The Higgs boson was the last piece of the puzzle for the Standard Model – a theory that offers us the best description of the known fundamental particles and the forces that govern them. In 2016, the ATLAS and CMS collaborations – who announced the discovery of the Higgs boson in 2012 – will study this boson in depth.
But there are still several questions that remain unanswered by the Standard Model, such as why nature prefers matter to antimatter, and what dark matter consists of, despite it potentially making up one quarter of our universe.
The huge amounts of data from the 2016 LHC run will enable physicists to challenge these and many other questions, to probe the Standard Model further and to possibly find clues about the physics that lies beyond it.
This new physics run with protons will last six months. The machine will then be set up for a four-week run colliding protons with lead ions.
There are four main experiments at the Large Hadron Collider at CERN: ALICE, LHCb, CMS and ATLAS. Each one has been undergoing major preparatory work for run 2, after the long shutdown during which important programmes for maintenance and improvements were achieved. They will now enter their final commissioning phase.
ALICE was built in a cavern 100m below ground near St Genis-Pouilly in France. ALICE is a heavy-ion detector designed to investigate the properties of the Strong Force that keeps particles inside the atomic nucleus together, and how this energy generates mass. It is the force that we know least about.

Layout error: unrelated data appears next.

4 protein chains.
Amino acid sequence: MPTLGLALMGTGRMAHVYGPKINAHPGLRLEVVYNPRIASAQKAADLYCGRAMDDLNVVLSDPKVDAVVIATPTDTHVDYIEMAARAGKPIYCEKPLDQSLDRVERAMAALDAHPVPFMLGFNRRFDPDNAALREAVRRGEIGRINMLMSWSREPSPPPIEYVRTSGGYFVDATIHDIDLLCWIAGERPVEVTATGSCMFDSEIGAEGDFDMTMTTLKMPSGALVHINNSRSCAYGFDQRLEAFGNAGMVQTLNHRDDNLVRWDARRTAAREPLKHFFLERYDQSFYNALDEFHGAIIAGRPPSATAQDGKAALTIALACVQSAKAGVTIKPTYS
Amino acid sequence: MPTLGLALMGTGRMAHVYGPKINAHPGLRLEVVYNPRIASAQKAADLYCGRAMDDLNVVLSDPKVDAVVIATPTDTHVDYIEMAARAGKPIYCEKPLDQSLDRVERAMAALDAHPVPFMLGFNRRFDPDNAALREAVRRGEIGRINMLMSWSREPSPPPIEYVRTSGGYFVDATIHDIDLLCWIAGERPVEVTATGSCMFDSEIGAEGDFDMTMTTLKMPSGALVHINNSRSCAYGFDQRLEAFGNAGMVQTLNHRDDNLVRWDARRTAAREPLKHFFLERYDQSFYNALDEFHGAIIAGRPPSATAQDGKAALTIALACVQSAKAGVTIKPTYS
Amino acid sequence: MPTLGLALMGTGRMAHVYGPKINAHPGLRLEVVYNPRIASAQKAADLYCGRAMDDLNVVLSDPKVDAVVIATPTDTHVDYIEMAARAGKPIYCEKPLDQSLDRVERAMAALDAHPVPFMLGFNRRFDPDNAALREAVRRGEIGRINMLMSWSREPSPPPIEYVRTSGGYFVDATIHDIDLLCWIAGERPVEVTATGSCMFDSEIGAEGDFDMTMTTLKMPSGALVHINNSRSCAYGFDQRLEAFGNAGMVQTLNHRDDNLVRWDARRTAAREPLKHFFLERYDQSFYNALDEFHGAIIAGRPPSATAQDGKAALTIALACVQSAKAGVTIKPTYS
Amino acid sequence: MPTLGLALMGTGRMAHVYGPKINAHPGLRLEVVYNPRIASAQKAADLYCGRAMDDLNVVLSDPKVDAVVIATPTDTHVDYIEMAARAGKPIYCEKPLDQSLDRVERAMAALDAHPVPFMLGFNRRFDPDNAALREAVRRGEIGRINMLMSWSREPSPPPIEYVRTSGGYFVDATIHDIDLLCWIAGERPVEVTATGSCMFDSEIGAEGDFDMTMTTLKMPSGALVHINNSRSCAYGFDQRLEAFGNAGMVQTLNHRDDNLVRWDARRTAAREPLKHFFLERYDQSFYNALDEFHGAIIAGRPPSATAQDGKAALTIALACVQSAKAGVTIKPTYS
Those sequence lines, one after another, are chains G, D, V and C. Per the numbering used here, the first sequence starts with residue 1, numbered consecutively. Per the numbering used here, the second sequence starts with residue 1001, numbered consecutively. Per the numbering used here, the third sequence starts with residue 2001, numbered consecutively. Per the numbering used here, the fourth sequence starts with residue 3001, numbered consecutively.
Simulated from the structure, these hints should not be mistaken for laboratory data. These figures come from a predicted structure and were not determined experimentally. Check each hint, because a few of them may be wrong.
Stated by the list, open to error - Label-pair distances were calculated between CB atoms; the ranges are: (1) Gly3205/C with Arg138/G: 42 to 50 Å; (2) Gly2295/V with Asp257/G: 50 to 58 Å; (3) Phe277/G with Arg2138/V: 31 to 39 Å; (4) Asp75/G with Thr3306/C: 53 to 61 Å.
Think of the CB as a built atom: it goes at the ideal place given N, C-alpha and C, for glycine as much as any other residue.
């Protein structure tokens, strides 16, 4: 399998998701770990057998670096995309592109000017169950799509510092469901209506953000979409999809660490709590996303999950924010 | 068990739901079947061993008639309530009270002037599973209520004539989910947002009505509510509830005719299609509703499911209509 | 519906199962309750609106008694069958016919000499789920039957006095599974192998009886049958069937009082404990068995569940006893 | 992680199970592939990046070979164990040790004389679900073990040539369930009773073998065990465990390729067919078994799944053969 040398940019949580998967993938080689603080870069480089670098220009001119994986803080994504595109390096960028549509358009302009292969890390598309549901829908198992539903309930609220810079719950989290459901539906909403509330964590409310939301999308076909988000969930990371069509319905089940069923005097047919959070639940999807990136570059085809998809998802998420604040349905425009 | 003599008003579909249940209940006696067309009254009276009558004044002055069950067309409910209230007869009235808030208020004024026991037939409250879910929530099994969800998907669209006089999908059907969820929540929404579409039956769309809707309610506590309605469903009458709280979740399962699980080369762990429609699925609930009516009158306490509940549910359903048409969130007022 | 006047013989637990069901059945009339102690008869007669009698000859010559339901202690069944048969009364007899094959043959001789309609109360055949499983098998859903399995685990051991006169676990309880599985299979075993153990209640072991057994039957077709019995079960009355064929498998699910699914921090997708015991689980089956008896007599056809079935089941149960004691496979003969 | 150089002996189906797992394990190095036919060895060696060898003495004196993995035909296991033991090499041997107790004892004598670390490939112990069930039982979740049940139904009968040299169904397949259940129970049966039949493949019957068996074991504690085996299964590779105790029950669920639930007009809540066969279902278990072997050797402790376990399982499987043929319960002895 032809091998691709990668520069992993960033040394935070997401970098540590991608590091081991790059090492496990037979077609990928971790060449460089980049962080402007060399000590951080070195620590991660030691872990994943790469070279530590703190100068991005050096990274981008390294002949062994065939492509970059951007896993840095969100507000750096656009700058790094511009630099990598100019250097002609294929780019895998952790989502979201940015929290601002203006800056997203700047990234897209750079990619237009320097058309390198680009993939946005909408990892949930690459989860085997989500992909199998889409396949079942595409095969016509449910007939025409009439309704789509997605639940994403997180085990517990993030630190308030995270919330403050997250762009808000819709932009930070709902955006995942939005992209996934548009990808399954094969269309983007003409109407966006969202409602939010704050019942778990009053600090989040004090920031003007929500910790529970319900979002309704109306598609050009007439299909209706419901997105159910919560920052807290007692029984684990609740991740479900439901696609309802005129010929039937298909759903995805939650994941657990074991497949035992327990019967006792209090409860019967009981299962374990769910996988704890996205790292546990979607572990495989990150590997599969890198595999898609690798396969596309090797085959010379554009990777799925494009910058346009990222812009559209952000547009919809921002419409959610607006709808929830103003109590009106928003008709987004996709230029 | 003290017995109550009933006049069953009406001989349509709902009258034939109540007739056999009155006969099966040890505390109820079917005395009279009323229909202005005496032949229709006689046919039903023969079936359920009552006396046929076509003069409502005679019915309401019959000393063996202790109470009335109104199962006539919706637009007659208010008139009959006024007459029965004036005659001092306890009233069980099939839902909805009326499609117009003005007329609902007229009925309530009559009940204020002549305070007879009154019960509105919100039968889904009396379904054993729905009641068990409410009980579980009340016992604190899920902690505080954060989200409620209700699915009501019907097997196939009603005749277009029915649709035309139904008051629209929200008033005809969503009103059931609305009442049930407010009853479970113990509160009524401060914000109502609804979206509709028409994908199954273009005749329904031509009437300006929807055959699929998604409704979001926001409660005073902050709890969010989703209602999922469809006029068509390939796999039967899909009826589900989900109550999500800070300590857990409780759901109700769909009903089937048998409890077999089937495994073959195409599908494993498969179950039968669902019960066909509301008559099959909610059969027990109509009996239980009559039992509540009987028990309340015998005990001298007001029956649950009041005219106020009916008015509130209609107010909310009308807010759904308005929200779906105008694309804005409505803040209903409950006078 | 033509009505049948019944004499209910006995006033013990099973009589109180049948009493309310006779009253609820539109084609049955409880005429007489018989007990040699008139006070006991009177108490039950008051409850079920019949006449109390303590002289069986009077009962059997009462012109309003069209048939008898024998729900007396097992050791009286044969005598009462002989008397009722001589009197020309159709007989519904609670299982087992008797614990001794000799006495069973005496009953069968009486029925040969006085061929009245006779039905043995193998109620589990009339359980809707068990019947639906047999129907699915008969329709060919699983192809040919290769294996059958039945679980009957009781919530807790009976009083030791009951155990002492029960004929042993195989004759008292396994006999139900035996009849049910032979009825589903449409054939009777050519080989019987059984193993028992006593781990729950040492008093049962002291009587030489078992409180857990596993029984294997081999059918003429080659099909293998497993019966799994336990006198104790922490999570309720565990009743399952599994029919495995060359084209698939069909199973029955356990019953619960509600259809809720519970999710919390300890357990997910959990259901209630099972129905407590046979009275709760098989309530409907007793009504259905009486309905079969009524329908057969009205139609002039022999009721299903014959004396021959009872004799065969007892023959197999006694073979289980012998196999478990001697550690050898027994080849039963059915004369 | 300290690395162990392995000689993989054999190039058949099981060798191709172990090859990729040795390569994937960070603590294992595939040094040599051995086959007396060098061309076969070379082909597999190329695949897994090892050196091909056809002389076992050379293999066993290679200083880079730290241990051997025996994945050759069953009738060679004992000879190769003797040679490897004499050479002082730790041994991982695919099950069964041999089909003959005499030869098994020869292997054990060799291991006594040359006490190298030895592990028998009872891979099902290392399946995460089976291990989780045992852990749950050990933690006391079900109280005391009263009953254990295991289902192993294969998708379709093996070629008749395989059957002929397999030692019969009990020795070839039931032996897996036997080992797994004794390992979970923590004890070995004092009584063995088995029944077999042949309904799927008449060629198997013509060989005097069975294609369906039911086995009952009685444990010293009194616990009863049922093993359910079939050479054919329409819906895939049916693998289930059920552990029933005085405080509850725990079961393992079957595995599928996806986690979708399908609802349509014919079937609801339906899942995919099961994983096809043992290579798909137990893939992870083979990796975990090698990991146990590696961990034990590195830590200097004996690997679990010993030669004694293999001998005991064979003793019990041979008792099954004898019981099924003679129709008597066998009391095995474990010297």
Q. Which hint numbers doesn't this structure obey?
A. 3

ALICE recreates conditions that existed only 0.00001 seconds after the Big Bang; temperatures 300,000 times hotter than the Sun and densities 50 times greater than in the core of a neutron star.
LHCb was built in a cavern 100m below ground near Ferney-Voltaire in France. It is investigating the subtle differences between matter and antimatter. One of the most fundamental questions is why is our Universe made of matter? It is widely thought that initially equal amounts of matter and antimatter were created, and currently there is no evidence opposing this.
LHCb studies the decay of particles containing b and anti-b quarks, collectively known as ‘B mesons’. Physicists believe that by comparing these decays, they may be able to gain useful clues as to why nature prefers matter over antimatter.
ATLAS is one of the four main experiments at the Large Hadron Collider at CERN. Like CMS, ATLAS is a general purpose detector designed to investigate a wide range of physics including supersymmetry, extra dimensions and particles that could make up dark matter. The scientific goals for the two experiments are the same, but they use different technical solutions. These similar science goals, but different designs allow the two experiments to cross-check results and confirm exciting discoveries such as a Higgs boson.
Like ATLAS, CMS is a general purpose detector designed to investigate a wide range of physics including supersymmetry, extra dimensions and particles that could make up dark matter. The scientific goals for the two experiments are the same, but they use different technical solutions. These similar science goals, but different designs allow the two experiments to cross-check results and confirm exciting discoveries such as a Higgs boson.